In this, his magnum opus, the world’s best known skeptic and critical thinker, Dr. Michael Shermer—founding publisher of Skeptic magazine and perennial monthly columnist (“Skeptic”) for Scientific American—presents his comprehensive theory on how beliefs are born, formed, nourished, reinforced, challenged, changed, and extinguished. This book synthesizes Dr. Shermer’s 30 years of research to answer the question of how and why we believe what we do in all aspects of our lives, from our suspicions and superstitions to our politics, economics, and social beliefs.
In this book Dr. Shermer is interested in more than just why people believe weird things, or why people believe this or that claim, but in why people believe anything at all. His thesis is straightforward: We form our beliefs for a variety of subjective, personal, emotional, and psychological reasons in the context of environments created by family, friends, colleagues, culture, and society at large; after forming our beliefs, we then defend, justify, and rationalize them with a host of intellectual reasons, cogent arguments, and rational explanations. Beliefs come first, explanations for beliefs follow.
Dr. Shermer also explains the neuroscience behind our beliefs. The brain is a belief engine. From sensory data flowing in through the senses, the brain naturally begins to look for and find patterns, and then infuses those patterns with meaning. These meaningful patterns become beliefs. Once beliefs are formed, the brain begins to look for and find confirmatory evidence in support of those beliefs, which adds an emotional boost of further confidence in the beliefs and thereby accelerates the process of reinforcing them—and round and round the process goes in a positive feedback loop of belief confirmation. Dr. Shermer outlines the numerous cognitive tools our brains engage to reinforce our beliefs as truths and to insure that we are always right.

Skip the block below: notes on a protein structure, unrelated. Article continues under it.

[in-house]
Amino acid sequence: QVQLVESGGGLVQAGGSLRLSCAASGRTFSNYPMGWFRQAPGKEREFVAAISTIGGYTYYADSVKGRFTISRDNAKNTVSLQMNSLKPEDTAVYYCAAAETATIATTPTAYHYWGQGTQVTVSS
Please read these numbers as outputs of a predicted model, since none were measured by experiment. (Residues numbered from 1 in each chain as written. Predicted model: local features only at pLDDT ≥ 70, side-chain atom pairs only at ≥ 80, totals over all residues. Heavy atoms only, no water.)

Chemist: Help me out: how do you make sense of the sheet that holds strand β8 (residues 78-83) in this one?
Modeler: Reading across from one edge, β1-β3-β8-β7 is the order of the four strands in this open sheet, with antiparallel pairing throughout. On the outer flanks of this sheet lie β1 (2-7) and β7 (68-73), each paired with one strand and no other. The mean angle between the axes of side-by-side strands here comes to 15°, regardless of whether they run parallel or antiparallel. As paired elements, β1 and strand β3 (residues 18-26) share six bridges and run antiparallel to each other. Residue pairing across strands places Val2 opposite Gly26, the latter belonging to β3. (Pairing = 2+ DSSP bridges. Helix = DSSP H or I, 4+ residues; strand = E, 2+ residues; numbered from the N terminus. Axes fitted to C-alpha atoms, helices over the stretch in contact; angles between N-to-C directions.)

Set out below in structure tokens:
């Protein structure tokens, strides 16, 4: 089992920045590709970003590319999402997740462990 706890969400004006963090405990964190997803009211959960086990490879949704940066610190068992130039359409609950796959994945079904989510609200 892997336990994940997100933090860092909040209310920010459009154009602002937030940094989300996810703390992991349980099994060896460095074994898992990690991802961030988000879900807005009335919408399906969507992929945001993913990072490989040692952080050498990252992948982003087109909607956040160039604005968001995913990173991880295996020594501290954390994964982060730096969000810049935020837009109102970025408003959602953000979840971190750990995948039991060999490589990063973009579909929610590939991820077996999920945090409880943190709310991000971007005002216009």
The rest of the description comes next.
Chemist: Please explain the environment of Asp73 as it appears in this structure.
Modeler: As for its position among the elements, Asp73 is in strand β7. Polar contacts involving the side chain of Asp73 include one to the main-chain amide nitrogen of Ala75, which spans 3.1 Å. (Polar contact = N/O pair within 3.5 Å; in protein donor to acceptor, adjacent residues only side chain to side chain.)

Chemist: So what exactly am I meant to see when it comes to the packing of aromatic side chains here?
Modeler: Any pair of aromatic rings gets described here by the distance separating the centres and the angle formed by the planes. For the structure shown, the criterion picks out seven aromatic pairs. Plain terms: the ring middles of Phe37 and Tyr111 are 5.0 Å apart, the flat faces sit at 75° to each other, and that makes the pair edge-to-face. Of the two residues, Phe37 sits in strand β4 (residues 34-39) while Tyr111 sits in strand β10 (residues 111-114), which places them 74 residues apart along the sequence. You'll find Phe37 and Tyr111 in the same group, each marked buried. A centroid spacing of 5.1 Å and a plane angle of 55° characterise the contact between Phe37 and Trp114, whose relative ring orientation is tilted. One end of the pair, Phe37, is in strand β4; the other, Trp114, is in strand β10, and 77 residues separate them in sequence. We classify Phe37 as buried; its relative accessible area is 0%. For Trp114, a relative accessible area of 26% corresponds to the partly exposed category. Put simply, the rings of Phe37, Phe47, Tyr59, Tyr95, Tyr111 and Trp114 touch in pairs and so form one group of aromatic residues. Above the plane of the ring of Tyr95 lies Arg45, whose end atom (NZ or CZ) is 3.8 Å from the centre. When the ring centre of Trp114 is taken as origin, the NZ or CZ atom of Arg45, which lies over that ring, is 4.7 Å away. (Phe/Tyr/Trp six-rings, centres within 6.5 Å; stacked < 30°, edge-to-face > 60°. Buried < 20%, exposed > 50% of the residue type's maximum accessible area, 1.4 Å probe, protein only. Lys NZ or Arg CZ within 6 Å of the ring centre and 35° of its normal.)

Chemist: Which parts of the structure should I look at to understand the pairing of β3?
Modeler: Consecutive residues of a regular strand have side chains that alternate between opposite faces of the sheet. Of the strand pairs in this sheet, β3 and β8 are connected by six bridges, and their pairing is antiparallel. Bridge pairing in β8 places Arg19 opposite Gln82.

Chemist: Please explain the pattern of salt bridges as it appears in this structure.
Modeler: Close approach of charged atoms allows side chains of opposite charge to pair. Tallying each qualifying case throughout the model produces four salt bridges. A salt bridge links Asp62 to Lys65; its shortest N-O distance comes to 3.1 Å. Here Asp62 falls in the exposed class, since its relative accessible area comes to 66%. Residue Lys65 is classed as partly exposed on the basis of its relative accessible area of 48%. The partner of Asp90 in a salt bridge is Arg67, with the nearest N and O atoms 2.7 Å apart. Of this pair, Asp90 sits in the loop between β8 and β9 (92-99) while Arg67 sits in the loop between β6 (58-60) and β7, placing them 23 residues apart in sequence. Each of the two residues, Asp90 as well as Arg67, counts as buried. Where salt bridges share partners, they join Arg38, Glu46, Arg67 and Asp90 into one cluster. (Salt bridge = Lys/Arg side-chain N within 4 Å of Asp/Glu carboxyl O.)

©2011 Michael Shermer (P)2011 Michael Shermer
“The physicist Richard Feynman once said that the easiest person to fool is yourself, and as a result he argued that as a scientist one has to be especially careful to try and find out not only what is right about one's theories, but what might also be wrong with them. If we all followed this maxim of skepticism in everyday life, the world would probably be a better place. But we don't. In this book Michael Shermer lucidly describes why and how we are hard wired to 'want to believe'. With a narrative that gently flows from the personal to the profound, Shermer shares what he has learned after spending a lifetime pondering the relationship between beliefs and reality, and how to be prepared to tell the difference between the two.” (Lawrence M. Krauss, Foundation Professor and Director of the Origins Project at Arizona State University, author of Quantum Man: Richard Feynman's Life in Science)